The Ethiopian Rift is the extensional basin developed on African continent during the last 30 million years. Seismic studies reveal that the crust beneath the current rift axis is predominantly mafic materials, and akin to the oceanic region. Such feature suggests that the eastern part of Africa will eventually drift apart and becomes ocean.
Magmatism in the region began with Oligocene trap formation at about 30 Ma, and the ensuing rift-related magmatism has been active over the last c. 24–27 Myr in the Main Ethiopian Rift (MER) and Afar. However, although temporal variation may provide important constraints on the evolution of magmatism in continental rift regions, it remains uncertain how magmatic activity varied with time. In particular, the relationship between the compositions of erupted magmas and thermal conditions of melting regions beneath this volcanic province needs to be evaluated in more detail.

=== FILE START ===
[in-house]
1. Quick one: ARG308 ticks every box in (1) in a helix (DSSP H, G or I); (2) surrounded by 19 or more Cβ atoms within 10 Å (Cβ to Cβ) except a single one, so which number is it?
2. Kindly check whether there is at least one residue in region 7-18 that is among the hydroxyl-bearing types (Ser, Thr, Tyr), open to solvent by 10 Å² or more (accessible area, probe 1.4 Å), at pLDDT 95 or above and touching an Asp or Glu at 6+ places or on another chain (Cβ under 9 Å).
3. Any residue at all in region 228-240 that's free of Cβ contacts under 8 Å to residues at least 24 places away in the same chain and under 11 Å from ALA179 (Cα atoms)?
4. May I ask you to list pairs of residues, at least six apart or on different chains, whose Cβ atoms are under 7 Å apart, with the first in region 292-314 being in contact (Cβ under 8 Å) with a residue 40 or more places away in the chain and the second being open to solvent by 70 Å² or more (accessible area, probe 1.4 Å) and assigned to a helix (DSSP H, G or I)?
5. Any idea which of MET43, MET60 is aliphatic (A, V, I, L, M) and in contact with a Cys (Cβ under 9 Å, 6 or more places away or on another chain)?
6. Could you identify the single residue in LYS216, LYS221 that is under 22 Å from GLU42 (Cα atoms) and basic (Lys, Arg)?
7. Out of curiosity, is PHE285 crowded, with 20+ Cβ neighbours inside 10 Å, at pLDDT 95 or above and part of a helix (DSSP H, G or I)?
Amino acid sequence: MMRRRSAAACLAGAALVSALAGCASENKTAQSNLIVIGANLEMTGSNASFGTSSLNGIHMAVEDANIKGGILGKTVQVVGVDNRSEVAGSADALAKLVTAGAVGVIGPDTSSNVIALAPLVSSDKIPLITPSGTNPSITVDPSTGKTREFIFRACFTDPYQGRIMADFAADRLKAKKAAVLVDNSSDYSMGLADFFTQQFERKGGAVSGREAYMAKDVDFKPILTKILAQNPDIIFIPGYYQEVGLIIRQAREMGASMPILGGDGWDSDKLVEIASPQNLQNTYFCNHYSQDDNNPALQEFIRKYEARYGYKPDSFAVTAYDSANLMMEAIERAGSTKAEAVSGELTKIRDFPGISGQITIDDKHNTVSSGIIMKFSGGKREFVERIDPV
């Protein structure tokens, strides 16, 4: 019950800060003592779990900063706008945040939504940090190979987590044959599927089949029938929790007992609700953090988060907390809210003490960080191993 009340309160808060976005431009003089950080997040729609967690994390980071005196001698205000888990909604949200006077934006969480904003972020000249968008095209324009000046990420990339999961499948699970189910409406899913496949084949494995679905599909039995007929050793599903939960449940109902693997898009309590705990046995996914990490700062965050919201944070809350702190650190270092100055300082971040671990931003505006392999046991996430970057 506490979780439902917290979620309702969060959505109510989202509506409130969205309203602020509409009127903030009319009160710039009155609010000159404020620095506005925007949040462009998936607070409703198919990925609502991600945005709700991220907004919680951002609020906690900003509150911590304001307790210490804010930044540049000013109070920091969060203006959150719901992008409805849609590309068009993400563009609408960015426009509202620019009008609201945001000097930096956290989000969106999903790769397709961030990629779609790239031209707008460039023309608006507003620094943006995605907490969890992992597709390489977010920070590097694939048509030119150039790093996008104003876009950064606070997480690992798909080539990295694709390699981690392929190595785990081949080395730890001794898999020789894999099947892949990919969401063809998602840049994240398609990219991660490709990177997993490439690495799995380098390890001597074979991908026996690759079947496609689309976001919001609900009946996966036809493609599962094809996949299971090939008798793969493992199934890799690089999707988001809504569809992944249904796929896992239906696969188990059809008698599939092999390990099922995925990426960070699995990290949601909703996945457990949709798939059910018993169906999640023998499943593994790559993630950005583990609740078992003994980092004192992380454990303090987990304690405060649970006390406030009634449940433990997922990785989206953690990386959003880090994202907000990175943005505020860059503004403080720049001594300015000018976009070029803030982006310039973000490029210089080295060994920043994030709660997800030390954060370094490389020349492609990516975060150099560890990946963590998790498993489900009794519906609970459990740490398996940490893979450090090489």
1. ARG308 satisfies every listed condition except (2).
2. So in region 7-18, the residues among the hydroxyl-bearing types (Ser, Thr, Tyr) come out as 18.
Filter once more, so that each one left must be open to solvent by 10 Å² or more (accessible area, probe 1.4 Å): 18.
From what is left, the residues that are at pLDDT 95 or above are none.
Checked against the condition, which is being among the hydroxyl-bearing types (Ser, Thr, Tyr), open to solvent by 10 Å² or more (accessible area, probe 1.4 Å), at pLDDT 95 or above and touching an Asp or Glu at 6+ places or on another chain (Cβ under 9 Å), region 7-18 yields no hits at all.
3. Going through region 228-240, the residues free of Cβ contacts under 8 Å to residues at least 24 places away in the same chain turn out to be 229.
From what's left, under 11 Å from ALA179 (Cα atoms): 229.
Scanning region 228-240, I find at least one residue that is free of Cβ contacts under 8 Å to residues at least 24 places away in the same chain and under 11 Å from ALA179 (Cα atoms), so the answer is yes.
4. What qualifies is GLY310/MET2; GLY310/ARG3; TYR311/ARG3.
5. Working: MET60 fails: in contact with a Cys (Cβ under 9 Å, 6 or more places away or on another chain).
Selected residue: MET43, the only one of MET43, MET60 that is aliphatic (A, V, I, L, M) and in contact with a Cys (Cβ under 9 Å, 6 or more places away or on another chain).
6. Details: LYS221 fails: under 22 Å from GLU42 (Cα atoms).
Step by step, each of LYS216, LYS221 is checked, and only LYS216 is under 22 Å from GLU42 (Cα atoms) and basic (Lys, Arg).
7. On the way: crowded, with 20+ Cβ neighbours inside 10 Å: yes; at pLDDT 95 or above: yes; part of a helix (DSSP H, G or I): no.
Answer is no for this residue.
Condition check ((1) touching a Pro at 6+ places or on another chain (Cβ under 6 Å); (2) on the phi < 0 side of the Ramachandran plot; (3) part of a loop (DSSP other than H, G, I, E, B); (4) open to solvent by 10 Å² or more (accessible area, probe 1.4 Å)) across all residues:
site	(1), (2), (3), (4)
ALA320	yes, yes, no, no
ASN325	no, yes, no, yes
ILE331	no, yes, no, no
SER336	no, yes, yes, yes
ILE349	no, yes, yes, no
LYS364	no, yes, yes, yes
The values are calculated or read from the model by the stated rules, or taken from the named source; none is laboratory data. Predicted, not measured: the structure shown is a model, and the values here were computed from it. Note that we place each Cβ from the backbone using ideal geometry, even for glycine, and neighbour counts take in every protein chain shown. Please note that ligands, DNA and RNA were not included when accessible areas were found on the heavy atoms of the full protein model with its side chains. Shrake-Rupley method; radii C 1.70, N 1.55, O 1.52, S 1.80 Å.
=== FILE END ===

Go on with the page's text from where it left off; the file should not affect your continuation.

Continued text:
We present new geochronological and geochemical analyses of mafic lavas, collected from NW Ethiopian Plateau, Main Ethiopian Rift (MER), and Afar Depression in East Africa. Melting condition, estimated from major-element and rare-earth element compositions of mafic lavas, show secular variation; the Plateau magmas record high mantle potential temperature (MPT = 1600°C), and are considered to be the melting product of the starting Afar plume head. Oligocene to Recent mafic rocks from the MER and Afar regions yield lower MPT (1500–1340°C), suggesting a decrease in MPT by 100–260°C in the post trap-phase magmatism. Secular change in MPT is probably due to changes in the melting regime related to the influence of the Afar plume. The continuing rifting in Ethiopia may represent the transition from a plume-driven to a plate-driven setting for the upwelling of asthenospheric mantle.